**Publications**(27)

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^{1-5}It has been shown that intensive optimization of the fundamental degrees of freedom in the optical system allows for the creation of non-intuitive solutions in both the mask and the source, which leads to improved lithographic performance. These efforts have driven the need for improved controllability in illumination

^{5-7}and have pushed the required optimization performance of mask design.

^{8, 9 }This paper will present recent experimental evidence of the performance advantage gained by intensive optimization, and enabling technologies like pixelated illumination. Controllable pixelated illumination opens up new regimes in control of proximity effects,

^{1, 6, 7}and we will show corresponding examples of improved through-pitch performance in 22nm Resolution Enhancement Technique (RET). Simulation results will back-up the experimental results and detail the ability of SMO to drive exposure-count reduction, as well as a reduction in process variation due to critical factors such as Line Edge Roughness (LER), Mask Error Enhancement Factor (MEEF), and the Electromagnetic Field (EMF) effect. The benefits of running intensive optimization with both source and mask variables jointly has been previously discussed.

^{1-3}This paper will build on these results by demonstrating large-scale jointly-optimized source/mask solutions and their impact on design-rule enumerated designs.

*Publisher's Note: The author listing for this paper has been updated to include Carsten Russ. The PDF has been updated to reflect this change.*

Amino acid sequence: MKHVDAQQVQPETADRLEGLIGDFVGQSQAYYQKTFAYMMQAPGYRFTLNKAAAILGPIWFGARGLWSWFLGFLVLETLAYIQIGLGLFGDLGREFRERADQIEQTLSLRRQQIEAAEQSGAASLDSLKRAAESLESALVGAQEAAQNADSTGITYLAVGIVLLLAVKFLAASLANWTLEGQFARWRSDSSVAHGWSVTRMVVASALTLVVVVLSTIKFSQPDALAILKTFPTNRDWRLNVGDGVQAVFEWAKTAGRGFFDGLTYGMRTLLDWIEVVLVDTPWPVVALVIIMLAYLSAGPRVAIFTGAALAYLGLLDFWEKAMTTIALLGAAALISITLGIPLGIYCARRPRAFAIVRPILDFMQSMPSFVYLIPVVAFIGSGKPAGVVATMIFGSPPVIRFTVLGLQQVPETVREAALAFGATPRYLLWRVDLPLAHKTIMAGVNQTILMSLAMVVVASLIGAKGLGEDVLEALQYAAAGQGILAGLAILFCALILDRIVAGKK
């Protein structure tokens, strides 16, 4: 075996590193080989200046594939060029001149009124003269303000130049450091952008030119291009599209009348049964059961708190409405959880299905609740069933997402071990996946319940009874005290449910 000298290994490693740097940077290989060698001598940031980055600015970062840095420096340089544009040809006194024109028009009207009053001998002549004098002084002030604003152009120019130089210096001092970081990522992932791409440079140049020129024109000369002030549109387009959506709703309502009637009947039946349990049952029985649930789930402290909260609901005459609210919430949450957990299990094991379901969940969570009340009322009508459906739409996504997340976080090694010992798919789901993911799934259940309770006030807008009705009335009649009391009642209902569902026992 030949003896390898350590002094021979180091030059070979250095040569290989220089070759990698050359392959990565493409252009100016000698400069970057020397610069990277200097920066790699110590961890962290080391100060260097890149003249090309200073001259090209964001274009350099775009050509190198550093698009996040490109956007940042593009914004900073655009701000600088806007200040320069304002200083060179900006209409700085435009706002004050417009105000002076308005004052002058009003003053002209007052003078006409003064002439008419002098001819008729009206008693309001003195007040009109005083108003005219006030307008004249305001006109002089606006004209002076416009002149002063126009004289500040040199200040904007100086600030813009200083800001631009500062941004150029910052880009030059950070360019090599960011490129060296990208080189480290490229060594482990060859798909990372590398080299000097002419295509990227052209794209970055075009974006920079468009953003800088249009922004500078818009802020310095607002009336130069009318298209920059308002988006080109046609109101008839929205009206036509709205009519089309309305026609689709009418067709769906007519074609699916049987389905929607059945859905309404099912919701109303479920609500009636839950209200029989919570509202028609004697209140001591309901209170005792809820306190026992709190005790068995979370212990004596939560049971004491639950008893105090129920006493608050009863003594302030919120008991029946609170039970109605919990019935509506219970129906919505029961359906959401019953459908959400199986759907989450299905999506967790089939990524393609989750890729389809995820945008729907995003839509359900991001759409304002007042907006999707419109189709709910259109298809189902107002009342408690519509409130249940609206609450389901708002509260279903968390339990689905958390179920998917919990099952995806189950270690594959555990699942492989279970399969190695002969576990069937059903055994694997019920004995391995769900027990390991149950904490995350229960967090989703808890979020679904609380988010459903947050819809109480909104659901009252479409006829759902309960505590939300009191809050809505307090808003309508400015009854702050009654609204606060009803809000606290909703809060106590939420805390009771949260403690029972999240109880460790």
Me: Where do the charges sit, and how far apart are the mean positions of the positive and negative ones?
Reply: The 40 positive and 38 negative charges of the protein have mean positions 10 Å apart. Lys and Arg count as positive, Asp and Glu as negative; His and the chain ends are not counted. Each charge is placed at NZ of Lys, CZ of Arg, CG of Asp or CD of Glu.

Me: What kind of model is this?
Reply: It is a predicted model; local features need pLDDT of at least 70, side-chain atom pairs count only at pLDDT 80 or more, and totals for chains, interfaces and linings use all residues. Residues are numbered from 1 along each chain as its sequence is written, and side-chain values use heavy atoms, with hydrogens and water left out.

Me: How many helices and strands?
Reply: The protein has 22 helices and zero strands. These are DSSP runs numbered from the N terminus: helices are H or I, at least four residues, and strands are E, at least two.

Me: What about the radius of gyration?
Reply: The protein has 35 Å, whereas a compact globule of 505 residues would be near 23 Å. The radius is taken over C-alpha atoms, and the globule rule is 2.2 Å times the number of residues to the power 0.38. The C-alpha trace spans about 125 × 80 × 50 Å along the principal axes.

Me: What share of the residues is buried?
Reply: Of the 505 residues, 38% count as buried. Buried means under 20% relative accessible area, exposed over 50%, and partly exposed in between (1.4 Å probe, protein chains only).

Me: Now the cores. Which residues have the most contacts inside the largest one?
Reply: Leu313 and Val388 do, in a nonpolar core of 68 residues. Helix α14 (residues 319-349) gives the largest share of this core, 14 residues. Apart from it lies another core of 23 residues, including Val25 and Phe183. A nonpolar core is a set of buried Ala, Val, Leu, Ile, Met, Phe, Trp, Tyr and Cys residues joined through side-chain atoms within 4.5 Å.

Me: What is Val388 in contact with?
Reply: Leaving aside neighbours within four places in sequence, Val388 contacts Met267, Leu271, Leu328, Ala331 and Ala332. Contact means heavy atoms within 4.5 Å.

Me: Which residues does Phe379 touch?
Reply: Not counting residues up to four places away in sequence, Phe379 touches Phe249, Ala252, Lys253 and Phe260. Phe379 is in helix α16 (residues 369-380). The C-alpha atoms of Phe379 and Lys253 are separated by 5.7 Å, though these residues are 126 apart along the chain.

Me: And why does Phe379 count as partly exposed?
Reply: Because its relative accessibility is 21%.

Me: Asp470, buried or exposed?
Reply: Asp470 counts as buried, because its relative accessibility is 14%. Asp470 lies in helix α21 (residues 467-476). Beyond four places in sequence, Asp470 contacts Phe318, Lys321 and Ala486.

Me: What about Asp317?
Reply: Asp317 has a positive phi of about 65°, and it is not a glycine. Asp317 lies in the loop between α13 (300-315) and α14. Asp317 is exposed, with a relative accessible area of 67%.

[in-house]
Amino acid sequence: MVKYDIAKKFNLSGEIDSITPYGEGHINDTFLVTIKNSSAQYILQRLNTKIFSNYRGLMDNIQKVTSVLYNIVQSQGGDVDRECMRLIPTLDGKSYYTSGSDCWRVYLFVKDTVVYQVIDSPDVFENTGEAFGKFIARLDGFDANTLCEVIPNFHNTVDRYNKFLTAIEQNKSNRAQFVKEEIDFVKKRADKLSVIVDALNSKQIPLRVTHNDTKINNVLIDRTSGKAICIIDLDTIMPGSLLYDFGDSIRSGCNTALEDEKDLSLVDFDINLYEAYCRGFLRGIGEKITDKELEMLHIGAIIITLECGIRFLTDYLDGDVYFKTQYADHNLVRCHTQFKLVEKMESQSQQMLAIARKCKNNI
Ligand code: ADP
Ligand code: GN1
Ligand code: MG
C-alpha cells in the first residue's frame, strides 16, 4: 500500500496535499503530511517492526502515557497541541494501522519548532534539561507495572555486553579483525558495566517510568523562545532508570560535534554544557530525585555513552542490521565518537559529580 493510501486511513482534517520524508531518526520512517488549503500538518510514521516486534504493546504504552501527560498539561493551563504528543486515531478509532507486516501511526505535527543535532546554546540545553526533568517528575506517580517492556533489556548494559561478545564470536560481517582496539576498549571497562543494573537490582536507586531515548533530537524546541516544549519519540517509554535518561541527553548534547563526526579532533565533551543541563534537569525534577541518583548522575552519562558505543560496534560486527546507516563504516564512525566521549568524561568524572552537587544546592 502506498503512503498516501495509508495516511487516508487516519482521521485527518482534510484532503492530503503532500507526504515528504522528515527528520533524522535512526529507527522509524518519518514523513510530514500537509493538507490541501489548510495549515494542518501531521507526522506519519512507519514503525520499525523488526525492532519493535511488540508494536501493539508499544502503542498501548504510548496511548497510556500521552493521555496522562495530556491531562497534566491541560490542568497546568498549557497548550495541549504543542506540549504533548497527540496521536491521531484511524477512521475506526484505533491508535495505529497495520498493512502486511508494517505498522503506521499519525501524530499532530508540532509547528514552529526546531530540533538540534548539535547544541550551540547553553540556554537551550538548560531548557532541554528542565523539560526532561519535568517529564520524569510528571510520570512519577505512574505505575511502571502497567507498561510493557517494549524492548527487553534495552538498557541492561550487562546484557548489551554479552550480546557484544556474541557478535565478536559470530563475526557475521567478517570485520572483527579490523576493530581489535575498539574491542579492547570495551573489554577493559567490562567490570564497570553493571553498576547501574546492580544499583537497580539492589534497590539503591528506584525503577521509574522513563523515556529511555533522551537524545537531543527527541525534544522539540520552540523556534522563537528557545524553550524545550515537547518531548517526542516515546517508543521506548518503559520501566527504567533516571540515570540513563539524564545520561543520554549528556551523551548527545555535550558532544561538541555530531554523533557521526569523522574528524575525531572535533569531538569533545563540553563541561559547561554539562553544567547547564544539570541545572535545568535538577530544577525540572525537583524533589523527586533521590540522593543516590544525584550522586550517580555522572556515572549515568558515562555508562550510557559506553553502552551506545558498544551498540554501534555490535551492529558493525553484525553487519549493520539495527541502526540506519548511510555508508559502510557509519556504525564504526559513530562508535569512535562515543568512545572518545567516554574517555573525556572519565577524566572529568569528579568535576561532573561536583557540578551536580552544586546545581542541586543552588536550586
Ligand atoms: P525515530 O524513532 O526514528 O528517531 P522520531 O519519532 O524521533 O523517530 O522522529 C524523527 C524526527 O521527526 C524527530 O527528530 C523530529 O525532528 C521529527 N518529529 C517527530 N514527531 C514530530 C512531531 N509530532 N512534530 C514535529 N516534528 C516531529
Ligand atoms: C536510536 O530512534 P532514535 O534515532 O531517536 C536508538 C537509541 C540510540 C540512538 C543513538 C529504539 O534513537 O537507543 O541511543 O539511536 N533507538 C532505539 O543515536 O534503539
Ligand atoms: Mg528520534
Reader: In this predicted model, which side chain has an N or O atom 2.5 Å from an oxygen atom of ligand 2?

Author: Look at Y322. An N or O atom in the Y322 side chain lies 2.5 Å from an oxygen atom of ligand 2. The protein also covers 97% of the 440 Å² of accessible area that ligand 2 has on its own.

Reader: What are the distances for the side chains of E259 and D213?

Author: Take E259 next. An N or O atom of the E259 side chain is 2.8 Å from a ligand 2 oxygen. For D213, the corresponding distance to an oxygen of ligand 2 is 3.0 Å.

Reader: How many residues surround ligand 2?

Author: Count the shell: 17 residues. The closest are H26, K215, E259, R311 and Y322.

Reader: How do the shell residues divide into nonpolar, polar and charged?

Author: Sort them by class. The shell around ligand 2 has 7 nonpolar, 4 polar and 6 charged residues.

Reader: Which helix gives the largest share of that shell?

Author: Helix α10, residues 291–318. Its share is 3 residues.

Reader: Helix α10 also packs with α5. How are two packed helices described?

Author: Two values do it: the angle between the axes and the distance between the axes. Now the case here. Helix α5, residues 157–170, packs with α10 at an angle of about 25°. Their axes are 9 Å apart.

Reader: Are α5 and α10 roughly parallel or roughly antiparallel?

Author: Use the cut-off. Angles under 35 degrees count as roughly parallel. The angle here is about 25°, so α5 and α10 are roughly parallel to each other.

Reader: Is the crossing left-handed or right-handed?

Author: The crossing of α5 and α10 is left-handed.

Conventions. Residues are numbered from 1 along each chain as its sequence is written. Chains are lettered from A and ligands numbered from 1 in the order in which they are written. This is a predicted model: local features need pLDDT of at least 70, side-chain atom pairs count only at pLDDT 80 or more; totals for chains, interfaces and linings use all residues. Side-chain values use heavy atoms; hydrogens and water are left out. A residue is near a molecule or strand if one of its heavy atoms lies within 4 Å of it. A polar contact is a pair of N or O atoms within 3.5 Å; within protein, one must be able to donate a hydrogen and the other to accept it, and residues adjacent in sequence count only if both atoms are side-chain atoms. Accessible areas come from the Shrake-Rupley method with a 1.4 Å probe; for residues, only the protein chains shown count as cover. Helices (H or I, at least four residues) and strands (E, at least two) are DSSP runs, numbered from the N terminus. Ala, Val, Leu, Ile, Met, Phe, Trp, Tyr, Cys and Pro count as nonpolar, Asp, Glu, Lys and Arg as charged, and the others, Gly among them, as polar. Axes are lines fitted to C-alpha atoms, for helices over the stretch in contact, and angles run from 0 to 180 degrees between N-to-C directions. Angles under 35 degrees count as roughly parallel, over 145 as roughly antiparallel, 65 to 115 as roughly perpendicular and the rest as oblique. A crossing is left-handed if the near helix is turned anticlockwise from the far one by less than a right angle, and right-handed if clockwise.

_{2}O as the immersion medium, non-evanescent propagation and optical design margins limit achievable pitch to approximately 0.53λ/

*n*H

_{2}O = 0.37λ. Non-evanescent images are constrained only by the comparatively large resist indices (typically1.7) to a pitch resolution of 0.5/

*n*resist (typically 0.29). Near-field patterning can potentially exploit evanescent waves and thus achieve higher spatial resolutions. Customized near-field images can be achieved through the modulation of an incoming wavefront by what is essentially an in-situ hologram that has been formed in an upper layer during an initial patterned exposure. Contrast Enhancement Layer (CEL) techniques and Talbot near-field interferometry can be considered special cases of this approach. Since the technique relies on near-field interference effects to produce the required pattern on the resist, the shape of the grating and the design of the film stack play a significant role on the outcome. As a result, it is necessary to resort to full diffraction computations to properly simulate and optimize this process. The next logical advance for this technology is to systematically design the hologram and the incident wavefront which is generated from a reduction mask. This task is naturally posed as an optimization problem, where the goal is to find the set of geometric and incident wavefront parameters that yields the closest fit to a desired pattern in the resist. As the pattern becomes more complex, the number of design parameters grows, and the computational problem becomes intractable (particularly in three-dimensions) without the use of advanced numerical techniques. To treat this problem effectively, specialized numerical methods have been developed. First, gradient-based optimization techniques are used to accelerate convergence to an optimal design. To compute derivatives of the parameters, an adjoint-based method was developed. Using the adjoint technique, only two electromagnetic problems need to be solved per iteration to evaluate the cost function and all the components of the gradient vector, independent of the number of parameters in the design.